This is your brain on art: a Q & A with Oshin Vartanian
"You are deriving a very instinctive, pleasure and reward-oriented emotion and a more cognitive, contemplative response all at once"
As neuroscientists delve deeper into the mysteries of the human mind one area of study that continues to receive greater attention is the brain’s relationship to art.
The University of Toronto Scarborough's Oshin Vartanian is an expert on the neuroscience of aesthetics and creativity. In a recent study he explored the different ways people observe and appreciate art on a neurological level.
He spoke with writer Don Campbell about the major findings and how viewing art can stimulate areas of the brain in fascinating ways.
How did you go about studying the brains of people while they appreciate art?
There are many studies where people are placed inside MRI scanners and asked to evaluate paintings based on beauty or to judge the art based on how much they like it. Not surprisingly you get readings that show the brain is being actively engaged while looking at a piece of art. What we did is go through the literature and find 15 studies that had people looking at art for different reasons.
What did you find?
We found that certain areas of the brain being engaged are easy to understand. These include areas involved in visual representation and object recognition such as the recognition of faces, processing scenes and locations and the ability to make certain movements or use certain objects.
The coolest thing we found is that areas of the brain involved in processing emotion and those that activate our pleasure and reward systems are also being engaged. We also found that the brain’s default mode network – the area associated with internally-oriented thinking like daydreaming, thinking about the future or retrieving memories – is also activated.
So what’s happening is that areas associated with more contemplative responses are being triggered automatically when people view art even if they don’t have instructions to judge or think about it critically.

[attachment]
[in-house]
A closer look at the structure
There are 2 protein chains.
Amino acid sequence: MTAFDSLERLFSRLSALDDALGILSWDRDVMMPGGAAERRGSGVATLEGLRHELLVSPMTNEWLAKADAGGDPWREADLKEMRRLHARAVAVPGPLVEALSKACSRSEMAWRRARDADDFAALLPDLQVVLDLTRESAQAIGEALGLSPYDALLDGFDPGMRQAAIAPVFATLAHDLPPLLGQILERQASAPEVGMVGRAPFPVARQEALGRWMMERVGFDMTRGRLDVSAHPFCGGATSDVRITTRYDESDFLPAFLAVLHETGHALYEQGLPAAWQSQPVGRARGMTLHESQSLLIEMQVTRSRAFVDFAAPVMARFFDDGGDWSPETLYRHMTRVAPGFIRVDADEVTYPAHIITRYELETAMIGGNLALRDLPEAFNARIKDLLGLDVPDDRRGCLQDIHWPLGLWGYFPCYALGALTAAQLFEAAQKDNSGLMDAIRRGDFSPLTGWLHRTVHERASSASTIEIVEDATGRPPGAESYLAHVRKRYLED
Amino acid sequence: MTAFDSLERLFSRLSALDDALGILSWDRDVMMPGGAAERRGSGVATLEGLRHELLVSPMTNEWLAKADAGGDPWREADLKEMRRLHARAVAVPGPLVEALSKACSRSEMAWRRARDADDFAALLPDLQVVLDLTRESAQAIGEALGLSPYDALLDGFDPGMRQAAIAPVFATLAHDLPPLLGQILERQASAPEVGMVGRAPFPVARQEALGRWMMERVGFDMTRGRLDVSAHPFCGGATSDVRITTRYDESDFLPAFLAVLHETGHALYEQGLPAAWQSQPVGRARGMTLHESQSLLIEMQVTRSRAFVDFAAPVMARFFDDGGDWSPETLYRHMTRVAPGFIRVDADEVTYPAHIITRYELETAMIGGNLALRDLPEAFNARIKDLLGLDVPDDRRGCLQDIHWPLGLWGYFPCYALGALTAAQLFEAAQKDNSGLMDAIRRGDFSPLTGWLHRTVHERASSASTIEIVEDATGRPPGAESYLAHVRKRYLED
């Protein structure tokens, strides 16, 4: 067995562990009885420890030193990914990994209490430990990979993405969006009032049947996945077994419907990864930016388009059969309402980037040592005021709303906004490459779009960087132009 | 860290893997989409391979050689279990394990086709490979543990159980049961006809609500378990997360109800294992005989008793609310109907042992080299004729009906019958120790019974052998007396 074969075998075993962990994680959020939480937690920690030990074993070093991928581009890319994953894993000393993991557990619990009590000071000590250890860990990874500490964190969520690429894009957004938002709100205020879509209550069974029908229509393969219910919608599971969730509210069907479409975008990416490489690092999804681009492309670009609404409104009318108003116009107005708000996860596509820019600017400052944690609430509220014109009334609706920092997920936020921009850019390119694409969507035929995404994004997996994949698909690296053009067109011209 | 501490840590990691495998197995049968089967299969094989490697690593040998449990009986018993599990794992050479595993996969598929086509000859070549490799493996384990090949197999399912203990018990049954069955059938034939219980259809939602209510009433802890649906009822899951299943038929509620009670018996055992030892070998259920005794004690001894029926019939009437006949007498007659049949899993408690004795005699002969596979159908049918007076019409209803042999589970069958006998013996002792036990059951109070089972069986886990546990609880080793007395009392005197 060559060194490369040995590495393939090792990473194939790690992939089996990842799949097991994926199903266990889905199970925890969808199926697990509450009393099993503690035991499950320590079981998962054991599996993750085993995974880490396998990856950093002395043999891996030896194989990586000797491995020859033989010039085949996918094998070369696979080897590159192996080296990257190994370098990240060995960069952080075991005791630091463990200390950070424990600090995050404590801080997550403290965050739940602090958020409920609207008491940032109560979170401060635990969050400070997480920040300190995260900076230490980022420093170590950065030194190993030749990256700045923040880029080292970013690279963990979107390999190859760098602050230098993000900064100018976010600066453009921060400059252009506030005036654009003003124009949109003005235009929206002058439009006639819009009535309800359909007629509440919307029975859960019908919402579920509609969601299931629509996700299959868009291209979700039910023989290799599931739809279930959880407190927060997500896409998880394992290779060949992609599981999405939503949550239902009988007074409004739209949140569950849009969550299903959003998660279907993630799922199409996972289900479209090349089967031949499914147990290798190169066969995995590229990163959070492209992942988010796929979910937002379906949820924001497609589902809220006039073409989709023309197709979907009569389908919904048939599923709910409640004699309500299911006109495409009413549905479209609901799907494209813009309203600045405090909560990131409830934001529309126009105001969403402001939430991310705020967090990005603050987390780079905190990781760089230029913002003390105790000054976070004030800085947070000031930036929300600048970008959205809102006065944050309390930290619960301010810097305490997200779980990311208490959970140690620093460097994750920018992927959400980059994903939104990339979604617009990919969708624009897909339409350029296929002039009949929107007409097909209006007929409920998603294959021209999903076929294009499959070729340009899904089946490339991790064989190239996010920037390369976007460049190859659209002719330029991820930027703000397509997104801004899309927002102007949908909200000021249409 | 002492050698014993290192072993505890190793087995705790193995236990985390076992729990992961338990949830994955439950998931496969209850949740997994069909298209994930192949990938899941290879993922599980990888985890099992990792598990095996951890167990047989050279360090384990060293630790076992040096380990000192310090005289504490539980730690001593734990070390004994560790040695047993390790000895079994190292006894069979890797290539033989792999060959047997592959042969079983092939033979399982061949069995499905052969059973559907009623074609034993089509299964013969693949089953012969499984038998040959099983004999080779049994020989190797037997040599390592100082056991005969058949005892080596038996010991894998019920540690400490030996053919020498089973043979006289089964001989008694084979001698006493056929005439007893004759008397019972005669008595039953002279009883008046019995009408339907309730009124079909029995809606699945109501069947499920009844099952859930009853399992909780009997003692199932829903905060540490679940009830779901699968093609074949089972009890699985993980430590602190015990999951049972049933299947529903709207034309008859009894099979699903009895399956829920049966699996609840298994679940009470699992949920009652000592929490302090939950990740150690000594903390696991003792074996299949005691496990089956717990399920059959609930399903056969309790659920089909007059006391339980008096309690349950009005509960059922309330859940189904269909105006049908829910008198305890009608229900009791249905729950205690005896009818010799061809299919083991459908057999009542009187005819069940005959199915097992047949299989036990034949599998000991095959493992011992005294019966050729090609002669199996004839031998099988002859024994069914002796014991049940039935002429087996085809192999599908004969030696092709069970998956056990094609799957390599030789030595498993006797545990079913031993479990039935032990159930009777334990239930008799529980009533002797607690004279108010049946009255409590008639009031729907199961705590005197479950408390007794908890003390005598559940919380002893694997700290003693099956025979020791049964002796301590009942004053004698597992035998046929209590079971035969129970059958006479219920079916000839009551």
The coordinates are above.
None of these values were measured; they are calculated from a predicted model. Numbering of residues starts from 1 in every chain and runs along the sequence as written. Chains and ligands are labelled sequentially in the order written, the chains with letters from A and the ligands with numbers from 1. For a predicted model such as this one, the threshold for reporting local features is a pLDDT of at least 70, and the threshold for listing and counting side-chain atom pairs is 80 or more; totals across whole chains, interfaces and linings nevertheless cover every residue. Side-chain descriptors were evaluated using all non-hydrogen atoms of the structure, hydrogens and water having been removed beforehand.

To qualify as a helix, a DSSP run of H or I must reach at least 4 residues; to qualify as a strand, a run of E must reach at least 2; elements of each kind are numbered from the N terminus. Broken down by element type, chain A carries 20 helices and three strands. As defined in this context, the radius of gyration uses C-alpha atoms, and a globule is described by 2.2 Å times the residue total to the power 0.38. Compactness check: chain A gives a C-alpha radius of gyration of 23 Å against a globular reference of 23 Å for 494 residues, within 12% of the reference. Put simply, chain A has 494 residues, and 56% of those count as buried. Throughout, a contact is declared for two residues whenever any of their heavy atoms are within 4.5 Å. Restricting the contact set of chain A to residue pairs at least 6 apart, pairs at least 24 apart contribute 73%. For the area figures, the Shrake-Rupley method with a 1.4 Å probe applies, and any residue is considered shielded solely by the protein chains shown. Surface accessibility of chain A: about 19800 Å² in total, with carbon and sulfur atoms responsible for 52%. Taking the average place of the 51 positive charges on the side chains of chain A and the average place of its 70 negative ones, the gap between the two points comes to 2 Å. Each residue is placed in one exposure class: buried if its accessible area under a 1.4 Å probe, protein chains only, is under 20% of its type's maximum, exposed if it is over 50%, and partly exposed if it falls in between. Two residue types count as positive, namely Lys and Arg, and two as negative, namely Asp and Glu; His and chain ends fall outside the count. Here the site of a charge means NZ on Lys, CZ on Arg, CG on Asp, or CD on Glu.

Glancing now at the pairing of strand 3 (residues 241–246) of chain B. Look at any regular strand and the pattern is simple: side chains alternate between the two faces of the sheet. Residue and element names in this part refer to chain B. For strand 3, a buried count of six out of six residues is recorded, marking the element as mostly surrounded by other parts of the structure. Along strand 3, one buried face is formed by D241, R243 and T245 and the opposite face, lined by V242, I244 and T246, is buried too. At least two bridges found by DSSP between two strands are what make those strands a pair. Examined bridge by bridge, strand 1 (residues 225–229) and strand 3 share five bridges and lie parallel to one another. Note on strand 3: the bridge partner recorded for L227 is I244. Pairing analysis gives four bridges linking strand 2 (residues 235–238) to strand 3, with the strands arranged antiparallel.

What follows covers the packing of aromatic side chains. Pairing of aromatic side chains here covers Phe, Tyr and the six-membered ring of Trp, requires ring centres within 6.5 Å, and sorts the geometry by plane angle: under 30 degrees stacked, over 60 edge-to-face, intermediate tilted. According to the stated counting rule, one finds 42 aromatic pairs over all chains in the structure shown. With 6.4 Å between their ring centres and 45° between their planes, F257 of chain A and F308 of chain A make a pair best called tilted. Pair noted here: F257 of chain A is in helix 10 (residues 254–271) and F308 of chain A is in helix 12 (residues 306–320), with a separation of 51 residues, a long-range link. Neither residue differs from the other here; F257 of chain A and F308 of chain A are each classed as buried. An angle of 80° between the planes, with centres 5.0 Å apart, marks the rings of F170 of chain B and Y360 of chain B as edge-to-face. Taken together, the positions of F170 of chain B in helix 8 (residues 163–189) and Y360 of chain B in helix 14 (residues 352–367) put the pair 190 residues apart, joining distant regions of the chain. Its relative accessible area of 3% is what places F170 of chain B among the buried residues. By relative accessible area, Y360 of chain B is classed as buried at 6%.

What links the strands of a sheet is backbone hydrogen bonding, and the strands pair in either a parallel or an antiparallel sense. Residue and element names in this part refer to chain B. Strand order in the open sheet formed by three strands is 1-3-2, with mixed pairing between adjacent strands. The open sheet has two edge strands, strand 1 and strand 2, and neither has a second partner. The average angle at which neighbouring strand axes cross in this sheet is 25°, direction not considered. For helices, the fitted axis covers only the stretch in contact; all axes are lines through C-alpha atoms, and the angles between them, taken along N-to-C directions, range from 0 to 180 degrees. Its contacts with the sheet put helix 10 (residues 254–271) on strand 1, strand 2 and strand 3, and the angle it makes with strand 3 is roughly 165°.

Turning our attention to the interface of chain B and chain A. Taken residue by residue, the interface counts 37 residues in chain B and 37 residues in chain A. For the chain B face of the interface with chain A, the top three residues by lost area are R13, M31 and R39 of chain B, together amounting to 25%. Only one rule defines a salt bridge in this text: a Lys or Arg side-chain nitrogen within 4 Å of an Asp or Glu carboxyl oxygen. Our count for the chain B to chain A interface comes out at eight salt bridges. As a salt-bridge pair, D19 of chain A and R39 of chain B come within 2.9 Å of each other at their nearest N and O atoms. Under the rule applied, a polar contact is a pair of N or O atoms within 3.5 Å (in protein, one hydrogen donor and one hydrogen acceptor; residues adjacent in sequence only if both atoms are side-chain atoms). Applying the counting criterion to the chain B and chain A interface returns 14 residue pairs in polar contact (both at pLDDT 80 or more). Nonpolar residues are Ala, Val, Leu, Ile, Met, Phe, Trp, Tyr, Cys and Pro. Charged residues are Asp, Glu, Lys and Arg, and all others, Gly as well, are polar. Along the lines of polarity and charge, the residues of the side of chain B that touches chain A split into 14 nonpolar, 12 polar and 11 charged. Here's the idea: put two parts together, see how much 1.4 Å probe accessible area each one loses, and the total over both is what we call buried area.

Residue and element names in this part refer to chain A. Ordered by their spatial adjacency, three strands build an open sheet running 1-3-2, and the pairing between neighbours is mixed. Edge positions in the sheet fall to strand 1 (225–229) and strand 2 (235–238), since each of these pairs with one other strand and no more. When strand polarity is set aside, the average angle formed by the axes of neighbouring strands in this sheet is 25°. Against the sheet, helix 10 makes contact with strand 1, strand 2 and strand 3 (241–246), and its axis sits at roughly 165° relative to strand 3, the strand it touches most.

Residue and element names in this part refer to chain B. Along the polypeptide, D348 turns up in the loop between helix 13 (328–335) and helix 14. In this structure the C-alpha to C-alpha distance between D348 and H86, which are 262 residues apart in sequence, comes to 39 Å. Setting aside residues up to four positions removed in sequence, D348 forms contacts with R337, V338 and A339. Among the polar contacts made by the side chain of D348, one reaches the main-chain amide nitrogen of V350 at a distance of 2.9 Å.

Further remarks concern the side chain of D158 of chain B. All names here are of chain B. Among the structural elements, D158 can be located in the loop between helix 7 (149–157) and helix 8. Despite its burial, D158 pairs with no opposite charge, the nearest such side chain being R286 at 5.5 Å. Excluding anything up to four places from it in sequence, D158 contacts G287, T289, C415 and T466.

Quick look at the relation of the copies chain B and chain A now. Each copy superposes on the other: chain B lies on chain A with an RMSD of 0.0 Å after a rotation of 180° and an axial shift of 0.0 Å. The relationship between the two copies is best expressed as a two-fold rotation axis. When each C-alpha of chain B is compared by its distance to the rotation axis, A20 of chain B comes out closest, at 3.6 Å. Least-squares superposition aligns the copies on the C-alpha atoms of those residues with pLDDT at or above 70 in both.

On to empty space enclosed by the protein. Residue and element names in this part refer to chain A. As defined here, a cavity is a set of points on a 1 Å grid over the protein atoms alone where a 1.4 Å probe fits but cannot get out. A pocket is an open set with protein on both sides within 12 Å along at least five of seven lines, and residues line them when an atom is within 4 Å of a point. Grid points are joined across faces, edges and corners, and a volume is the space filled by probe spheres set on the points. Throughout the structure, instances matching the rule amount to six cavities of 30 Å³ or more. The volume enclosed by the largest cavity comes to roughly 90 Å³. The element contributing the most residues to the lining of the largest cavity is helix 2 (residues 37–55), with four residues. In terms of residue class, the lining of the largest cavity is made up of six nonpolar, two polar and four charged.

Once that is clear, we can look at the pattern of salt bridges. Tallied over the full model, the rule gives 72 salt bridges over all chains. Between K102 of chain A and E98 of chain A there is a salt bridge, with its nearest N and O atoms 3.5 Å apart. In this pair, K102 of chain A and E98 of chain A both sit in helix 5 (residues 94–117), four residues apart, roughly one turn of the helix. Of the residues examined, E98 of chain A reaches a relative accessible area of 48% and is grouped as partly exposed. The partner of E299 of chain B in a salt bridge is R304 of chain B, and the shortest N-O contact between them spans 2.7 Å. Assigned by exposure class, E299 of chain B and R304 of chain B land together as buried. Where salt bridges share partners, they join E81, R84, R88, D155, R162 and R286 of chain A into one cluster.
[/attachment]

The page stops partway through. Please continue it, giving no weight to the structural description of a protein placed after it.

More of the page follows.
It seems that people are hardwired to appreciate art?
Yes, that’s one way of looking at it. You have to remember that with an MRI scanner the technology is such that you can’t present images over a long period of time. You get a relatively quick snap shot and most of the studies only show paintings for no longer than six seconds. When people think about deep contemplation you get this image of someone at the gallery viewing a painting for a long period of time before they truly appreciate it and get a deeper sense of how they relate to the art. Again, if we look at the default mode network of the brain that’s being activated immediately, it also plays an important role in inner contemplation.
So I’m at the AGO and I become immediately entranced by a Monet hanging on the wall. I take it there’s a very good neurological reason why aside from it being very colourful?
Well when it comes to art appreciation the areas of the brain that are most reliably engaged have to do with the instinctive experience of emotion or some pleasure-reward control system. As mentioned it also involves the brain’s default mode network, which essentially means people are processing it on a deeper level. So you have this parallel situation where you are deriving a very instinctive, pleasure and reward-oriented emotion and a more cognitive, contemplative response all at once. It can make for a powerful experience.